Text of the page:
Navy Soft Power Stuck in the Mud
War is Boring’s David Axe reports that the USS Austin had some difficulties performing her soft-power mission in Africa:
The crew and mission staff aboard the Austin-class amphibious ship Nashville(pictured), commissioned in 1970, were in for a surprise when the 570-foot vessel approached the tiny port in Libreville, the bustling capital of Gabon, in West Africa. Despite earlier assurances from Navy planners and local officials, it turned out that the waters around Libreville’s Port Mole weren’t deep enough for the 17,000-ton-displacement Nashville. While the ship draws only 23 feet, fully loaded, she needs extra clearance for her pumps to draw in the seawater required by her old-fashioned steam power-plant. Nashville simply would’t fit at Libreville.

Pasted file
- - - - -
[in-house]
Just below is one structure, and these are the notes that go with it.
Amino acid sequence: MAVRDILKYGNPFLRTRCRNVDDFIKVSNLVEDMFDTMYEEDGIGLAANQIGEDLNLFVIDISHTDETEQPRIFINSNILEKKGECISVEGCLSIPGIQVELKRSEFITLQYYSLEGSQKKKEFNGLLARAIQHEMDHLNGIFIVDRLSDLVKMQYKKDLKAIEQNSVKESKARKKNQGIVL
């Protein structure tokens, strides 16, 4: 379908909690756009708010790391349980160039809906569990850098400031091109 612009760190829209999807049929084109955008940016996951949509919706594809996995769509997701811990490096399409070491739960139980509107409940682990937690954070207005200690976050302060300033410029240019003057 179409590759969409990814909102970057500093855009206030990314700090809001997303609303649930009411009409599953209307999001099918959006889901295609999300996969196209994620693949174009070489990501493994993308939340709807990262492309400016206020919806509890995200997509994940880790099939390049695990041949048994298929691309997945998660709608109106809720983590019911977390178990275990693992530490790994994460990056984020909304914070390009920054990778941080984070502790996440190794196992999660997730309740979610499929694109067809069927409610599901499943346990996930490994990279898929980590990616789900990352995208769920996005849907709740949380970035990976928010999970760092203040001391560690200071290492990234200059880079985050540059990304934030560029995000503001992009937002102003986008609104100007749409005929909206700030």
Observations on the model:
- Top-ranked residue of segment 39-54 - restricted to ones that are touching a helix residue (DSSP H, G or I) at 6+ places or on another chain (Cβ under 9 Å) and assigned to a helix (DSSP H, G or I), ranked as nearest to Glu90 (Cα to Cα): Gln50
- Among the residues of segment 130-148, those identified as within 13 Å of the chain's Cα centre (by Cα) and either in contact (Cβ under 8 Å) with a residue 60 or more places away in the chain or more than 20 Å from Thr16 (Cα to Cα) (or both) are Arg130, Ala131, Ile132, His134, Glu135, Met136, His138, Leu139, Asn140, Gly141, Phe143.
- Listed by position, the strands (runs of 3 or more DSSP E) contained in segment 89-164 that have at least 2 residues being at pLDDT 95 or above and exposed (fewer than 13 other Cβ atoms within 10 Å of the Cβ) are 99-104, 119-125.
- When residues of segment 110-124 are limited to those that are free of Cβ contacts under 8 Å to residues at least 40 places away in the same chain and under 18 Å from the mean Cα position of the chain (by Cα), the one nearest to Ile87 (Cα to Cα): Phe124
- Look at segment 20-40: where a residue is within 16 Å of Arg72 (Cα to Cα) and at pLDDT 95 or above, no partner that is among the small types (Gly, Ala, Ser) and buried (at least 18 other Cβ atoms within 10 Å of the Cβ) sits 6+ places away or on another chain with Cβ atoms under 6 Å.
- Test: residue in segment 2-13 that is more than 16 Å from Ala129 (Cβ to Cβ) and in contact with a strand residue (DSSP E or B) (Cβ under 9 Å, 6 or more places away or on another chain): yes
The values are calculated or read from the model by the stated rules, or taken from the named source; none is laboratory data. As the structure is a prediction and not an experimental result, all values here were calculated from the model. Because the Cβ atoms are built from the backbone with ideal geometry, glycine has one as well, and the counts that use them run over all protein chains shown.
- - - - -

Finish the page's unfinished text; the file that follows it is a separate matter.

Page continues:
That discovery put a wrench in carefully laid plans for the Navy’s second, roughly annual “Africa Partnership Station” deployment, calling at Ghana, Senegal, Cameroon, Nigeria, Gabon and Sao Tome and Principe.
I am going to use USN logic here and see if we can find a solution. Now, if the 17,000 ton Austin wouldn’t fit into shallow waters, what could we replace her with…gaint supercarrier, 10,000 ton destroyer, nuclear attack submarine? Since my head is starting to hurt, I will go with my gut and say something like this:
I imagine by retiring 40 yeaq-old Austin, with the savings in annual maintenance alone we could lease another one of these excellent and very handy auxiliaries.